patient site

 


patient site

 


patient site

 

9  

CutoAge - Skin Elasticity


Intrinsic vs. extrinsic skin aging. Most people think that just looking in the mirror ought to suffice, yet studies have demonstrated that facial skin appearance is more affected by the amount of sun exposure (photoaging) than it is by the passage of time. As such, your skin's appearance it is not a great biomarker of aging. However, intrinsic skin aging (the loss of elasticity and fine wrinkling that occur in areas of your body that receive relatively little sun exposure), correlates very closely with age. This linear change in elasticity is hard to appreciate with the naked eye until it is relatively advanced.


More than just skin deep. To measure intrinsic skin aging we use the Cutometer, an instrument that has been validated in hundreds of studies of skin aging over the past 25 years. It works by applying a sequence of precise and gentle suctions to a small area of skin and then measuring with an optical sensor how much the top two layers of your skin move with each suction. The movement is very slight - only 0.2-0.5 mm - much less than the amount it moves when you do a "pinch test" to see how fast your skin returns to normal after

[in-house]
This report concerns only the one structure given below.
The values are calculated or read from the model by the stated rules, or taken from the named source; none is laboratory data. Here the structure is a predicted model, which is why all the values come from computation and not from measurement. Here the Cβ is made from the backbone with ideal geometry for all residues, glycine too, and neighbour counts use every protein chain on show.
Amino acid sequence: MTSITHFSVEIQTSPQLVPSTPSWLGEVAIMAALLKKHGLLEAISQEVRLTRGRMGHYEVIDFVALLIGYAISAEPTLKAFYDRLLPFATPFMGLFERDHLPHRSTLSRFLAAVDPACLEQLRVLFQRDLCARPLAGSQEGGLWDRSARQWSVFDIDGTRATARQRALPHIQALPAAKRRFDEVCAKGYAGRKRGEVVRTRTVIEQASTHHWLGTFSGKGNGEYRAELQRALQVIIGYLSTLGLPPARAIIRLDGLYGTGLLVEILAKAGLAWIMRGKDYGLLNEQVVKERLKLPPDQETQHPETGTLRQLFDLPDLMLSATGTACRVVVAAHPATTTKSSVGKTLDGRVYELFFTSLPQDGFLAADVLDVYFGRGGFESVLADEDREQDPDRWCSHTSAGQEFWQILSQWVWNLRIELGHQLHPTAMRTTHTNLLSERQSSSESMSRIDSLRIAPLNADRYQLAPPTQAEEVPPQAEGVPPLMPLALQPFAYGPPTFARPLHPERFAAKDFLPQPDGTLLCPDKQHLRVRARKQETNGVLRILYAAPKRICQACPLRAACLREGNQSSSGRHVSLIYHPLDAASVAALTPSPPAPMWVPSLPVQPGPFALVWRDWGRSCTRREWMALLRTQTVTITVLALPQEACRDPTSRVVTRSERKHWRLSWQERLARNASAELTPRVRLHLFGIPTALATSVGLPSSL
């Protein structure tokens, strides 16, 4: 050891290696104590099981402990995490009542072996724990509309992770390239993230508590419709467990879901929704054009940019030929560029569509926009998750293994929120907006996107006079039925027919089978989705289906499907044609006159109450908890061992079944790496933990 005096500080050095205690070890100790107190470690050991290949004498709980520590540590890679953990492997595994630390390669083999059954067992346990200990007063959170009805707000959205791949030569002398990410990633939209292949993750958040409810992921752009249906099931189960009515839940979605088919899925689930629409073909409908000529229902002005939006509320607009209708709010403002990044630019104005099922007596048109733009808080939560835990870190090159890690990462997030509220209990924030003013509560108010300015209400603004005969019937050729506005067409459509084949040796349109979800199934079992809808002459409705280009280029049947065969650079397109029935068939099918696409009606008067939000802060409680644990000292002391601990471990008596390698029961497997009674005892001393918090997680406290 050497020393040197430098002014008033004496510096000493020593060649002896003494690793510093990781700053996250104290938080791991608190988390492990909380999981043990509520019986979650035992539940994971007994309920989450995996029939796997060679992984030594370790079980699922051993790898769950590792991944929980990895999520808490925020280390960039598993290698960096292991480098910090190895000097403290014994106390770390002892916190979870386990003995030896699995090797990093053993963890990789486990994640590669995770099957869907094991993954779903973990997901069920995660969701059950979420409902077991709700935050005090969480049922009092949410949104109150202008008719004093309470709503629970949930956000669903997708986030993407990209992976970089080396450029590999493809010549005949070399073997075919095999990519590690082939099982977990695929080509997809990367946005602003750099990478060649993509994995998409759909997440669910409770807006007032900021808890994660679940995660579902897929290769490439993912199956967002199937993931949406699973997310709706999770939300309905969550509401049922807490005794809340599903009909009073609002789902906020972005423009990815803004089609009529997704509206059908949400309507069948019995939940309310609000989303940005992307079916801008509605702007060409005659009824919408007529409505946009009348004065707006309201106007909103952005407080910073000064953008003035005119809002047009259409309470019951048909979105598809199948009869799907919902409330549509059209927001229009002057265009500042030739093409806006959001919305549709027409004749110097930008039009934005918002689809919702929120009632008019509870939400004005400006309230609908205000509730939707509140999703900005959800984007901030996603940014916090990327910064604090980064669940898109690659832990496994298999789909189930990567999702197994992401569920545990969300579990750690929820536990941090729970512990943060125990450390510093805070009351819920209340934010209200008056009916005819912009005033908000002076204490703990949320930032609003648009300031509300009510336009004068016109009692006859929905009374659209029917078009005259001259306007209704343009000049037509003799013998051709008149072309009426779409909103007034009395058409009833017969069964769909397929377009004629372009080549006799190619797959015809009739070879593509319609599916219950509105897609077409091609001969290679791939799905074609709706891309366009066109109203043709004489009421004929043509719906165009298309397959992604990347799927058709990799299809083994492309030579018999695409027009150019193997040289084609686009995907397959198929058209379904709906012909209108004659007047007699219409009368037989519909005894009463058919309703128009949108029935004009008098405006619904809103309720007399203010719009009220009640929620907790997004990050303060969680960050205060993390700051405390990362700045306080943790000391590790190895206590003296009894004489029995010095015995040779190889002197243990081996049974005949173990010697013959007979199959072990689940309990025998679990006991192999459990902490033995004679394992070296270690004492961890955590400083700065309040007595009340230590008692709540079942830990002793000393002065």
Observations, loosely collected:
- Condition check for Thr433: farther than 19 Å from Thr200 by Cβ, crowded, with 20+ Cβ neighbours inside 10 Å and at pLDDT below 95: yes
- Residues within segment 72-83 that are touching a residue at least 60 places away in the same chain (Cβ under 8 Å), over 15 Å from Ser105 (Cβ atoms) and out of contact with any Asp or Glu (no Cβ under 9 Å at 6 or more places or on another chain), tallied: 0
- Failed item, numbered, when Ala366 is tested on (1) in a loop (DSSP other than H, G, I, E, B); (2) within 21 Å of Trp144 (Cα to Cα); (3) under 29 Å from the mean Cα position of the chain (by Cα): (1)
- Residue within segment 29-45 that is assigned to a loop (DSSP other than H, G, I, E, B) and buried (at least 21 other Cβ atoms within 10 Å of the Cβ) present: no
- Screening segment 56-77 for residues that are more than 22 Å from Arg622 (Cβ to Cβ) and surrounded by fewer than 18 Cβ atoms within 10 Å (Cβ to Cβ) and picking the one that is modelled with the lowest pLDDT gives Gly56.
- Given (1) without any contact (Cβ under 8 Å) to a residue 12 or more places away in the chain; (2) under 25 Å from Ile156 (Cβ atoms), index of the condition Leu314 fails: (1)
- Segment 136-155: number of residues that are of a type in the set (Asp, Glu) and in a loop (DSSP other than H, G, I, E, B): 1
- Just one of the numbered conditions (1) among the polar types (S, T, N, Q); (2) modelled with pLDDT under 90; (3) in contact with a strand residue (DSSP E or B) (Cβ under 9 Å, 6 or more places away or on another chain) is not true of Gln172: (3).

pinching it between your two fingers. Yet by involving only the top two layers, the Cutometer can non-invasively assess the amount and structure of the collagen and elastins in your skin. The result is reported as skin elasticity percent:
the extent to which your skin returns to its original position after being stretched and released. When you finish adolescence, the average skin elasticity is almost 90%; with each passing year the average person loses about 1%, leaving the average 80-year-old with about 35% elasticity.

Why is the CutoAge important?


» Skin elasticity as measured by the Cutometer has been correlated with bone density.
» It has been shown to be improved by HRT in women.

 

Sample report (PDF)

 

Cutosamplesm

 

Next: NeuroAge